Learn - Balsamic Vinegar 101



The price and quality of balsamic vinegar varies widely, but is determined by how it is made, what it is made with, where it is made, who makes it and who authenticates it.

Authentic traditional balsamic only comes from two places: Modena or Reggio Emilia, Italy. Traditional Balsamic is highly regulated and controlled. It is produced in small quantities and is sold at a much higher price point than non–traditional balsamic. It is labeled as either aceto balsamico tradizionale di Modena or aceto balsamico tradizionale di Reggio Emilia and is adorned with the appropriate seal and certificate of origin, and ensconced in a specially shaped bottle.

Most of the products on the market labelled balsamic are not authentic traditional balsamic but condimento or industriale. This does not mean that they are not flavorful, useful, and appropriate. It also does not mean that they did not originate in Italy.

Authentic Traditional Balsamic only comes from two places: Reggio Emilia or Modena, Italy.


Grapes are pressed and filtered and the juice (called the “must”) is boiled over an open flame in an open vessel until it is reduced by about 50%. At this point it is stored in tanks until the process of fermentation allows the alcohol level to reach a certain value. Acetic acid bacteria are then added and promote the browning process.

The thickened mixture (the “base vinegar”) is placed in different types of wooden barrels of various sizes (from very large to very small). Barrels are constructed of different types of woods to impart different flavor characteristics (e.g. cherry wood makes it sweet, and oak is typically used in the smaller barrels.)

The barrels are then stored to begin the aging process. Conditions are very important in the formation of Balsamic Vinegar as warm temperatures allow for browning, evaporation, and concentration; whereas, cooler temperatures promote decantation and pureness. Thus, a temperature variance from warm to cold and back (like in an attic) is a desirable environment for creating balsamic.

Eventually, evaporation will reduce the amount of liquid in each barrel. Once a year, the barrels are “topped off” from a barrel one size larger. Thus, over time, liquid gets moved from the largest barrels to the smallest (by moving through an entire series of barrels), imparting an abundance of concentrated flavors as it goes. Five different types of wood are necessary to classify a balsamic as traditionale. The concentrated balsamic remaining in the smallest barrels (after an extended aging period) is bottled and sent to market (or kept for personal consumption).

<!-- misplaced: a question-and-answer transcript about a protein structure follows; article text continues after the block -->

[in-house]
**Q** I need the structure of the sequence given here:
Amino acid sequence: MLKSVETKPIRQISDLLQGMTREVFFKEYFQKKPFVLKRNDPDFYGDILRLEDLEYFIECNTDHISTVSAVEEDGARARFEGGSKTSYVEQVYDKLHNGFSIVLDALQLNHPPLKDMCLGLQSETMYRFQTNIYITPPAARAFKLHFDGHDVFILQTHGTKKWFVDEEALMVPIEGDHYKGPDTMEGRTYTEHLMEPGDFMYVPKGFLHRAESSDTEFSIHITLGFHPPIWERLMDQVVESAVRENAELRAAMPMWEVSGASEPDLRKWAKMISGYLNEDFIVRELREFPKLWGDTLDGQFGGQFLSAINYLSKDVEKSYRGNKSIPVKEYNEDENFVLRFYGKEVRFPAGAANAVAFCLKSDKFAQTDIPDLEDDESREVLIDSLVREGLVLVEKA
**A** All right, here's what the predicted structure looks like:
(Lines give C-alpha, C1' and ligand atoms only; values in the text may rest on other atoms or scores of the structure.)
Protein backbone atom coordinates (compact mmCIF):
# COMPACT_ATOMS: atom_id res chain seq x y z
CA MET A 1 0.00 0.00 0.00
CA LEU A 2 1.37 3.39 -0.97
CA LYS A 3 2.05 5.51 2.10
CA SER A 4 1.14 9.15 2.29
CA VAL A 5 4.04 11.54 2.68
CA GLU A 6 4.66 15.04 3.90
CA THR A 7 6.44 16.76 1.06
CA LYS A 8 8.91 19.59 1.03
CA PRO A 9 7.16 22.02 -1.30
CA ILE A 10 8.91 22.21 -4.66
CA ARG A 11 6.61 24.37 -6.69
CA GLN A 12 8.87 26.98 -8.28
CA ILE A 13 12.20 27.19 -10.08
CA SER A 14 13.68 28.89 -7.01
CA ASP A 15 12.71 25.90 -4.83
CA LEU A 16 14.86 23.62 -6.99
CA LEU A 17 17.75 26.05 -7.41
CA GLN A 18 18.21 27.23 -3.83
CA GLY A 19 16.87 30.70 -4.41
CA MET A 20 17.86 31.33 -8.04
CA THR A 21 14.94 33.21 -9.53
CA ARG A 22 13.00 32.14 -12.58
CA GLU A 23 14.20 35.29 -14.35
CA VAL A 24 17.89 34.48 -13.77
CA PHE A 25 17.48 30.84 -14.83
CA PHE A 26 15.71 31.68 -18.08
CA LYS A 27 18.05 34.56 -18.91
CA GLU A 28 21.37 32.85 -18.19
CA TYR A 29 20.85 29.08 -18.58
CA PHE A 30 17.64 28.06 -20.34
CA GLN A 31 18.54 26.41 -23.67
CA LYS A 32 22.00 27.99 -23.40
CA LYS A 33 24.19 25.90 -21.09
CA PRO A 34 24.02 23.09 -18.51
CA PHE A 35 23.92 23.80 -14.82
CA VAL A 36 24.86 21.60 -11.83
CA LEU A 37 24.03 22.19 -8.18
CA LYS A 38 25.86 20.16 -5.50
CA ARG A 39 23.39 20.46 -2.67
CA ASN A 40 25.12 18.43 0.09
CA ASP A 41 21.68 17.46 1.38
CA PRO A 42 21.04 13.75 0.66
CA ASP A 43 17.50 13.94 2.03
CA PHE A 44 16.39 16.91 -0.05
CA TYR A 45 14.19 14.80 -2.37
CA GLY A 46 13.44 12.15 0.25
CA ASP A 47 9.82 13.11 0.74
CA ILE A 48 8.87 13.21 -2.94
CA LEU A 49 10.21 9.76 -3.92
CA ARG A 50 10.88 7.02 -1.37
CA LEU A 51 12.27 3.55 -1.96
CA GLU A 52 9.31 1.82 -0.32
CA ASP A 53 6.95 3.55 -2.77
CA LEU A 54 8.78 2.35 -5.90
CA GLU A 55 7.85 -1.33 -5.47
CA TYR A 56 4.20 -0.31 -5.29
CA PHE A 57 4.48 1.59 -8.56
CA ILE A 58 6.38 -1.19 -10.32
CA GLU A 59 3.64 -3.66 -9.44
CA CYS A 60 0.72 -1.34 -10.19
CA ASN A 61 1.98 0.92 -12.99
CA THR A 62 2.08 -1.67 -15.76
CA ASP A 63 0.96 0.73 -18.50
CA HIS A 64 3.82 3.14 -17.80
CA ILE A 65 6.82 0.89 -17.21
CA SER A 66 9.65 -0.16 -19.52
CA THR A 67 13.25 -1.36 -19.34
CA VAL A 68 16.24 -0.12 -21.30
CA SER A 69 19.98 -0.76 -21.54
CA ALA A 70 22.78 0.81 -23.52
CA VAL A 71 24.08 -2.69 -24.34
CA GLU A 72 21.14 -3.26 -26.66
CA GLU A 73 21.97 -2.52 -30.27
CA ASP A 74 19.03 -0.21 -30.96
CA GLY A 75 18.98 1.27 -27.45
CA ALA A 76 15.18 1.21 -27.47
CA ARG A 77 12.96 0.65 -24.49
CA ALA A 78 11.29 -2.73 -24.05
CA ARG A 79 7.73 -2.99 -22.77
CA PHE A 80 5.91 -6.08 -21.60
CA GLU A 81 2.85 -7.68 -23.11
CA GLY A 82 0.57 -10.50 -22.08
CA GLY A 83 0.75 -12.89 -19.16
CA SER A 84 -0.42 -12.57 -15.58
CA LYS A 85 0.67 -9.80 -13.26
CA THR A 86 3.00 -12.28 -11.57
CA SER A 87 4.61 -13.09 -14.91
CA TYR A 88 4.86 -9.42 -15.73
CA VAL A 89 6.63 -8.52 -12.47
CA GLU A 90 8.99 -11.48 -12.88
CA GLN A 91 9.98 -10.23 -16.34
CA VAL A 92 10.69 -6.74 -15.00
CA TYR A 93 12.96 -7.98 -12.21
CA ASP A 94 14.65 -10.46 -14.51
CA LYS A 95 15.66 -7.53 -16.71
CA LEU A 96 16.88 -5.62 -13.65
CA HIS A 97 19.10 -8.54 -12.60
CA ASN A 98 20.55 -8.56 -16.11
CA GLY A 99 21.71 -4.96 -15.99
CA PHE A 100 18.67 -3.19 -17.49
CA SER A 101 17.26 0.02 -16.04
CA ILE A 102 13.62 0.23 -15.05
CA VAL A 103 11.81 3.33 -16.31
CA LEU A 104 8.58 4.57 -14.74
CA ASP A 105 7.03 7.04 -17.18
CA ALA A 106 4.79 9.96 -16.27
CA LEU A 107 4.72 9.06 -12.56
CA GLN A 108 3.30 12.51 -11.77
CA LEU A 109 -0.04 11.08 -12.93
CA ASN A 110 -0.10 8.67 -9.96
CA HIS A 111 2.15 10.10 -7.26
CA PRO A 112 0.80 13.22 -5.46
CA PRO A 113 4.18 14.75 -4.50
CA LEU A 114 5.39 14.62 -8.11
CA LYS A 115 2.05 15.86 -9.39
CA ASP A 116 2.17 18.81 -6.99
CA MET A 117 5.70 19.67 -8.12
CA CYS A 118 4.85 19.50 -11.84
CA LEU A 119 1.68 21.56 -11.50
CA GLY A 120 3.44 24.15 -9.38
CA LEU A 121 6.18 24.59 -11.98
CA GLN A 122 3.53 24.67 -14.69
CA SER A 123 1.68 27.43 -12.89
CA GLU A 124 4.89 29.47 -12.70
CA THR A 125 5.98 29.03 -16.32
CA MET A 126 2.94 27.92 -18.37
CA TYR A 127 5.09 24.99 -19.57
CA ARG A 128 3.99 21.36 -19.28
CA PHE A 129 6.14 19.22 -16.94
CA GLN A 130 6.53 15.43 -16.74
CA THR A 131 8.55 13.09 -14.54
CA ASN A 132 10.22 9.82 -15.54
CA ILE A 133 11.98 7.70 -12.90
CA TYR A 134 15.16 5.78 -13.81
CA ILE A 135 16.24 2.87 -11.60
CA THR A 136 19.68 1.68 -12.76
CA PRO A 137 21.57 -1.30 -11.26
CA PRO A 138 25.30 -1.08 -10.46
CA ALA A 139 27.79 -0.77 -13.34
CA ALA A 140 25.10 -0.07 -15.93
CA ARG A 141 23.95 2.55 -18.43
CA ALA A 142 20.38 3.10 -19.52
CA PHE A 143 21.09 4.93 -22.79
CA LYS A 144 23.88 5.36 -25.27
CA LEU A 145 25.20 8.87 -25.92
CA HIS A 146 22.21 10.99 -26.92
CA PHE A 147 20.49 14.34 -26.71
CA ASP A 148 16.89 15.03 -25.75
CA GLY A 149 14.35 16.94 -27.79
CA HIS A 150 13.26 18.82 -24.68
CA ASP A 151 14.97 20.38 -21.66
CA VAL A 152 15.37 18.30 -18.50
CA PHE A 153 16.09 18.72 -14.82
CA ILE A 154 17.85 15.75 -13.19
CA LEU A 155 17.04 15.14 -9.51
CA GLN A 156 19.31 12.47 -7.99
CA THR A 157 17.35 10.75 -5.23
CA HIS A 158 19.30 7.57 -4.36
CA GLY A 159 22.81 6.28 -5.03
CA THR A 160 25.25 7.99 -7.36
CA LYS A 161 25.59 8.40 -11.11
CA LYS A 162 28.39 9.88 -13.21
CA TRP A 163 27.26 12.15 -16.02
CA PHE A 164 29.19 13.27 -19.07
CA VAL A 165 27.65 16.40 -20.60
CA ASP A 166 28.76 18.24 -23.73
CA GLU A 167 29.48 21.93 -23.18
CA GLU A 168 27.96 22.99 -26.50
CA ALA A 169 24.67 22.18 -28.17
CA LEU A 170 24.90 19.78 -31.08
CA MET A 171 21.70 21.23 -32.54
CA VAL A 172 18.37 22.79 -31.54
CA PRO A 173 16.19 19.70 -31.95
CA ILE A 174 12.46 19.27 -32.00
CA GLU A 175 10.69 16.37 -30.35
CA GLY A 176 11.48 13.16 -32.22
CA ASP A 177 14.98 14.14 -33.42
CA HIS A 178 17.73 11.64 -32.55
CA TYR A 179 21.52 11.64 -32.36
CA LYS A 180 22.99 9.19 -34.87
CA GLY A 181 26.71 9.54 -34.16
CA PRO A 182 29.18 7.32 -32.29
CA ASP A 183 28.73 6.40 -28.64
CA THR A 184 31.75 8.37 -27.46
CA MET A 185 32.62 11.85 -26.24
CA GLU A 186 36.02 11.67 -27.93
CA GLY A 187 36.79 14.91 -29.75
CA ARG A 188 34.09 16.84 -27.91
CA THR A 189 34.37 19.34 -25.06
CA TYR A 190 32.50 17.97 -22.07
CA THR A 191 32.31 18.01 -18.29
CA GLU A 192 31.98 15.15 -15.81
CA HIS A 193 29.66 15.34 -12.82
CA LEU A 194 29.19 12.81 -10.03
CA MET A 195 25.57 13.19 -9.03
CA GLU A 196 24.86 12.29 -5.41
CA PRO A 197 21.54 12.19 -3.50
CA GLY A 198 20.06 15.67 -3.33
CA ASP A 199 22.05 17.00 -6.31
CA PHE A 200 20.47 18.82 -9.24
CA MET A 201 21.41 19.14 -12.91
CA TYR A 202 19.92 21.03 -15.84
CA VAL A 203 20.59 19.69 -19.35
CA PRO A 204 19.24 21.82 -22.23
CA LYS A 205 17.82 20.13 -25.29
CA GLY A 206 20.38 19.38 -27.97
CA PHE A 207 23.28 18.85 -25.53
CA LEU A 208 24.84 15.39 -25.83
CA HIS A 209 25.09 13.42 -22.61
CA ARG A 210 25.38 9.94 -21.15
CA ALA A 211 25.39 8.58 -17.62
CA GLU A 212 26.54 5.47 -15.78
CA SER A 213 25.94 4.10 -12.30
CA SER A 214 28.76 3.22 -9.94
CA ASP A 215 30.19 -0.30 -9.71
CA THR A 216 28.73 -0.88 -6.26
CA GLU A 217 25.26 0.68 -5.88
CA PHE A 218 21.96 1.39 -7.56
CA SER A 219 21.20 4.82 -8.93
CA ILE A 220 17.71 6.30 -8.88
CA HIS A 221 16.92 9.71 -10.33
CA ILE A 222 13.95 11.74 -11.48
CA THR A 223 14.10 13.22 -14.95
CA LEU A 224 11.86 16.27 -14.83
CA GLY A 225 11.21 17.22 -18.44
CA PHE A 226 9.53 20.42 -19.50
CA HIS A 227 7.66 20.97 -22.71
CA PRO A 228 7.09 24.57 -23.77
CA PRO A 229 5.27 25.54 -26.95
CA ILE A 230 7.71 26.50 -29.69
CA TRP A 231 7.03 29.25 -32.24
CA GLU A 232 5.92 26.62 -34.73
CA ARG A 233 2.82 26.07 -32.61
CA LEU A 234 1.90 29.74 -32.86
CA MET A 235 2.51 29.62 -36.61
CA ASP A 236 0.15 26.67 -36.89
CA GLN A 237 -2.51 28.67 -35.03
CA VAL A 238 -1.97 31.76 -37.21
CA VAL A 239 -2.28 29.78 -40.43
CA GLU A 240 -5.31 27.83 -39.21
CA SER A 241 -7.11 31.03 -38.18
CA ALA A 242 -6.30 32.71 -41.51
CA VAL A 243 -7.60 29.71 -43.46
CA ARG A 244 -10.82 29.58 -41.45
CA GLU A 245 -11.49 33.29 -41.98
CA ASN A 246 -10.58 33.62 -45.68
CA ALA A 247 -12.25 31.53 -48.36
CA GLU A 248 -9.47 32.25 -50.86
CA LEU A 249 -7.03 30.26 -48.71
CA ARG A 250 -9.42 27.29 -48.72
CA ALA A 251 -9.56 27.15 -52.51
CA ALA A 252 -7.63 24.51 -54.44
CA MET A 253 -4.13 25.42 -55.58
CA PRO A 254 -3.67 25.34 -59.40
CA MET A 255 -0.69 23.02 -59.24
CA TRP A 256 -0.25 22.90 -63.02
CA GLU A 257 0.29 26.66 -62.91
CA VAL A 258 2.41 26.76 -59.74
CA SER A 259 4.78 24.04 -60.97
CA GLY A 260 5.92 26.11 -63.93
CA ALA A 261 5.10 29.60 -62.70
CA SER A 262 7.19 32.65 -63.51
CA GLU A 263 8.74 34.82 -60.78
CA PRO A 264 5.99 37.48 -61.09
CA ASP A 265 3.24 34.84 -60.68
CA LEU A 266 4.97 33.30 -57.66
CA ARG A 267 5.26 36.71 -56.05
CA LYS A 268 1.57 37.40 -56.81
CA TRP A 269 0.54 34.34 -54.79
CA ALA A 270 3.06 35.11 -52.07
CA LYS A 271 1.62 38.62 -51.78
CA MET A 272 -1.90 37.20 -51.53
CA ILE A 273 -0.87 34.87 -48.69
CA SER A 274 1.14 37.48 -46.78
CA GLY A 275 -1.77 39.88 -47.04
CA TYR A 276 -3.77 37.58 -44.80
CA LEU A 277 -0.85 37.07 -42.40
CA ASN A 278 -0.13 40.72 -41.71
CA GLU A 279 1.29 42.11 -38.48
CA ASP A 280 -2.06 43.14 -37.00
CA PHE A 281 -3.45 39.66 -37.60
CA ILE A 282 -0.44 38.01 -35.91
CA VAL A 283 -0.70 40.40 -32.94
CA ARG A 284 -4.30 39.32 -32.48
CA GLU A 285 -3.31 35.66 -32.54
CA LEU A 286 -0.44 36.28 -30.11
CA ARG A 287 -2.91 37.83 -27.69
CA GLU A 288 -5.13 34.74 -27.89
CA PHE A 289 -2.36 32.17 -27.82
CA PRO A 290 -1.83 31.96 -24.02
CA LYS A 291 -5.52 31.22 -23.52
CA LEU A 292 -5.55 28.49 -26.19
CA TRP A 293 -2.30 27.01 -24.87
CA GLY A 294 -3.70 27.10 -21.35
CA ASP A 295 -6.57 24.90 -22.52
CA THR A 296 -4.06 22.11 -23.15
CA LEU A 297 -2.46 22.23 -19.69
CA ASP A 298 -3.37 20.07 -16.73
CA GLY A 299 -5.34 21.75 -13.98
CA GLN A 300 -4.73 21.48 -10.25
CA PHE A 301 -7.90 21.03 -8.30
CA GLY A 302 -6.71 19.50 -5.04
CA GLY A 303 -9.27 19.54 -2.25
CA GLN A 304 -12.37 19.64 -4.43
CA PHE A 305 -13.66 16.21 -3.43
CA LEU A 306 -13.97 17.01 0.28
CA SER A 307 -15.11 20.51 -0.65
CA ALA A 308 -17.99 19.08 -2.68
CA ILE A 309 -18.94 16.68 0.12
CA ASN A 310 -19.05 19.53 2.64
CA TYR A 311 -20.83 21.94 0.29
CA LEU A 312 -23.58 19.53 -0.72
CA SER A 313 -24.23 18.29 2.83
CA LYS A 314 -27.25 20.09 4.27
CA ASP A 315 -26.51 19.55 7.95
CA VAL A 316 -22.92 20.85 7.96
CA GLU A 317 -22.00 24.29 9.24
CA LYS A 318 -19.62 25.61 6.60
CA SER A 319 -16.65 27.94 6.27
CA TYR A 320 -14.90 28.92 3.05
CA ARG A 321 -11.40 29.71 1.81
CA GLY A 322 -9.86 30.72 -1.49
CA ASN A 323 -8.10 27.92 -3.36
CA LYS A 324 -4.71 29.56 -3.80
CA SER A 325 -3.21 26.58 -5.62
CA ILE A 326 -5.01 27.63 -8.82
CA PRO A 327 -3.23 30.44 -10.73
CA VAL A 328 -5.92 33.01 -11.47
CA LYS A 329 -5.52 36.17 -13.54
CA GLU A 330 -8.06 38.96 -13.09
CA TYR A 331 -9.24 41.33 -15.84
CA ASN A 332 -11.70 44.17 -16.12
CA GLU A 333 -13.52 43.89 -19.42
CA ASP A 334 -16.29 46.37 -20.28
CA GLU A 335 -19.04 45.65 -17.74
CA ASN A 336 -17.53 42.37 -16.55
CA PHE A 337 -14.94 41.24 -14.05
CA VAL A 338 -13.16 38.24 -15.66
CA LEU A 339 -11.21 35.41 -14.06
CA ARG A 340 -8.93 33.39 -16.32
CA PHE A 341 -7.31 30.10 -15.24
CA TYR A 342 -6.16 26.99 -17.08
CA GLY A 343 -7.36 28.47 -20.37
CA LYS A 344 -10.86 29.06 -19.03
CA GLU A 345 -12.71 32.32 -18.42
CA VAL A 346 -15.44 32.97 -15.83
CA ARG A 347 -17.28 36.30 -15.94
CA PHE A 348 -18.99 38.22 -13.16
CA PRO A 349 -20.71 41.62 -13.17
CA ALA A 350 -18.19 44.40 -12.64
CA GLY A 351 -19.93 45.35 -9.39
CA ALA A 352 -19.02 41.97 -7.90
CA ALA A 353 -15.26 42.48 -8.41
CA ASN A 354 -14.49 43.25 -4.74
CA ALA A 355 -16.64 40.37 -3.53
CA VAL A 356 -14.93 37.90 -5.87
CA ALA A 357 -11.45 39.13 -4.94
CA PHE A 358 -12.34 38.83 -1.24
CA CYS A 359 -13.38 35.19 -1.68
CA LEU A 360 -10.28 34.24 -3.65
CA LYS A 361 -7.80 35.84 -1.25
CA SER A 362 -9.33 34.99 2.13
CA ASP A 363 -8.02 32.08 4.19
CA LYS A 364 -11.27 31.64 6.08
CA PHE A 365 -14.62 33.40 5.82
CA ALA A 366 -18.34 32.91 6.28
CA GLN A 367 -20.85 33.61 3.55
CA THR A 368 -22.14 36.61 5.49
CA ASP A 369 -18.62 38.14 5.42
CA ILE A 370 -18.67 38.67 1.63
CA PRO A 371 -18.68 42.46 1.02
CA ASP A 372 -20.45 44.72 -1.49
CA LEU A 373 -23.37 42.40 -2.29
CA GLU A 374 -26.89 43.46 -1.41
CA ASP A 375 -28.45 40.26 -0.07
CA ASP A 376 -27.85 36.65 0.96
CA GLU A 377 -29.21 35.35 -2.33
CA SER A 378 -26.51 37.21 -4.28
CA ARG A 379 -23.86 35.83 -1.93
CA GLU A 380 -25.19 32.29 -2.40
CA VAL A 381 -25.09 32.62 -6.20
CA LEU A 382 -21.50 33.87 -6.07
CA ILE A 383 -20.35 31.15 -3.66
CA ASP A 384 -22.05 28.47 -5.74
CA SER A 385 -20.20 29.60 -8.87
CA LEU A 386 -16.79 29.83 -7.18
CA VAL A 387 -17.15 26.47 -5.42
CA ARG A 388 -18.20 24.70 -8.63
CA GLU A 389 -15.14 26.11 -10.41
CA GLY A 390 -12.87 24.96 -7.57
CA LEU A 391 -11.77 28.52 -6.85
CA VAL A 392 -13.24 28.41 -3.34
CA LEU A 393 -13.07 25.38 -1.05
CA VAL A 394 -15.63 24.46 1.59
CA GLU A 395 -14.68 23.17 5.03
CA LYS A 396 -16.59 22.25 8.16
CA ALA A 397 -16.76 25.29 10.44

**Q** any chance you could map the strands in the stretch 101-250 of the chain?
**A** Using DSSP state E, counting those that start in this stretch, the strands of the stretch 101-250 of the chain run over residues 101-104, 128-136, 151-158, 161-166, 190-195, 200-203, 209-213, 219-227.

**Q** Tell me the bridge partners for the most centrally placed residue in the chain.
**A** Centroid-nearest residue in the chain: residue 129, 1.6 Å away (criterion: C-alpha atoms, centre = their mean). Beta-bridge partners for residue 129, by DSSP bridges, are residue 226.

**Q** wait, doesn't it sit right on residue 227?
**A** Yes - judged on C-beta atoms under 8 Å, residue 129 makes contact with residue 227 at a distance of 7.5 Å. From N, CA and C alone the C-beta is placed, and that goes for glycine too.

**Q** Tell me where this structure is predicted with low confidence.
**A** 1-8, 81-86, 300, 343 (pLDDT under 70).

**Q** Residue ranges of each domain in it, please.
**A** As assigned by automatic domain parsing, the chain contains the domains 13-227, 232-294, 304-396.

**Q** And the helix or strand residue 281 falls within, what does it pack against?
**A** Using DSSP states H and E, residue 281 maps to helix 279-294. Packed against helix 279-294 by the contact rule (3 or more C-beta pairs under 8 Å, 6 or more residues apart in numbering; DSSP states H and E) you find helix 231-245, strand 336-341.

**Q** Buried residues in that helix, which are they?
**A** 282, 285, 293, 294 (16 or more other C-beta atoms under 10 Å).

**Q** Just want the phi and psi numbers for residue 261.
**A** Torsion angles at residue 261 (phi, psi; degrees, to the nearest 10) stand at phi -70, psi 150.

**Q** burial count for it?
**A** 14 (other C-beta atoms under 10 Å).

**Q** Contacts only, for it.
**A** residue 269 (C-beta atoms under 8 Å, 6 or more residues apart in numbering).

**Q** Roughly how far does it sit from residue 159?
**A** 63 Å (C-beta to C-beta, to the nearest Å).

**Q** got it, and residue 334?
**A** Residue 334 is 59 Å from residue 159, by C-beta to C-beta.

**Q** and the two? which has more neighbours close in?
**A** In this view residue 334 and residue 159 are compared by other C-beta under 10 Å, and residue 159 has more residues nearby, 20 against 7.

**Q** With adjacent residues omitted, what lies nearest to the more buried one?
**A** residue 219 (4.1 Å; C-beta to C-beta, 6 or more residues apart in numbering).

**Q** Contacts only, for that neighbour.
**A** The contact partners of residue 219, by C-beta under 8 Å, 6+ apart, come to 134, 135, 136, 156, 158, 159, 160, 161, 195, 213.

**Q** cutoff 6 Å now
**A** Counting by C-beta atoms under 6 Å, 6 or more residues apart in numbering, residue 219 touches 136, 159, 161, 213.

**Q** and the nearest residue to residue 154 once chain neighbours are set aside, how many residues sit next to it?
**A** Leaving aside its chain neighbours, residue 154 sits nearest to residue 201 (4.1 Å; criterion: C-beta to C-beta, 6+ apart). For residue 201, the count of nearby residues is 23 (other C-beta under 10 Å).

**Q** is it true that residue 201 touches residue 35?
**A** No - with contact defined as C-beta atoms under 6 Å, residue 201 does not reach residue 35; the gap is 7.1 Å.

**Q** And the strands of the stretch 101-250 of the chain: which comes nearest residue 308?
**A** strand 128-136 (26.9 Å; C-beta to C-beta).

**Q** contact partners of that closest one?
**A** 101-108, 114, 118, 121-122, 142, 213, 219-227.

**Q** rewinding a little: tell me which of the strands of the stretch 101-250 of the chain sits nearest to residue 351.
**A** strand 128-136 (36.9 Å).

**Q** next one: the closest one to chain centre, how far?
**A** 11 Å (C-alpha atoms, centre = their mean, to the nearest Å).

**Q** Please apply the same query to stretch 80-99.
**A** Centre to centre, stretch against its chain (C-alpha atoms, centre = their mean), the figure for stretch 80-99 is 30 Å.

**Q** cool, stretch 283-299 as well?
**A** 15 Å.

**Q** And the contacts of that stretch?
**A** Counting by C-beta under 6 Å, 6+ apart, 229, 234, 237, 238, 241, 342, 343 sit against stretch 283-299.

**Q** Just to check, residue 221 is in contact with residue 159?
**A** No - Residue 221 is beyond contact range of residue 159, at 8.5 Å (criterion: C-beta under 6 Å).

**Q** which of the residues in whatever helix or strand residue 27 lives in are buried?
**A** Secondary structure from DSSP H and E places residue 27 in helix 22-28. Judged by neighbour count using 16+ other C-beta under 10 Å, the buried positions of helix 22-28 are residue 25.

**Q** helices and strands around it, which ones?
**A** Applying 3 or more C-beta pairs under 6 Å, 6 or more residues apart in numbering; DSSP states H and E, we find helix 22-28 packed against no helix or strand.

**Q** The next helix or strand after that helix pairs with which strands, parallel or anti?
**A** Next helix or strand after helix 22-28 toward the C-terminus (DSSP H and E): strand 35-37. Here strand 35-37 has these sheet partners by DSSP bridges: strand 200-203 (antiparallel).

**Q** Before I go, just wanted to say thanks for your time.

Traditional Balsamic vinegar from Reggio Emilia (aceto balsamico tradizionale di Reggio Emilia) must be made from grapes originating locally. These include Trebbiano, Occhio di Gatto, Spergola, Berzemino, Marani, Salamino, Maestri, Montericco, Sorbara and Ancellotta.

Additionally, it must be assessed by master tasters who determine if it is worthy to be called Traditional Balsamic Vinegar from Reggio Emilia and if so, categorize it according to three “levels”: aragosta (lobster red), argento (silver), or oro (gold). Aragosta has been aged a minimum of 12 years, Argento 18 years, and Oro a minimum of 25 years.

It must be contained in a special 100ml bottle adorned with a wax seal and have a seal of authenticity from the Consortium of Producers of Traditional Balsamic Vinegars from Reggio Emilia. The D.O.P. seal (designation of protected origin) ensures the product is actually from Reggio Emilia.

Traditional Oro label from Reggio Emilia: note the shape of the bottle, the red wax top, the Reggio Emilia seal, and the numbered label directly below it. The seal to the right is the designation of protected origin.


Traditional Balsamic from Modena must be assessed by a panel of five expert tasters. The “standard” aging time is twelve years and that which is aged over twenty–five years is adorned with the words “Extra Vecchio.” It must be contained in a special 100ml bottle adorned with a seal of authenticity from the Consortium of Producers of Traditional Balsamic Vinegars from Modena. The D.O.P. seal (designation of protected origin) ensures the product is actually from Modena.

Traditional Balsamic from Modena: note the onion shape of the bottle (characteristic of Modena) and the numbered seal across the top. The seal to the right is the official seal of the Modena Consortium.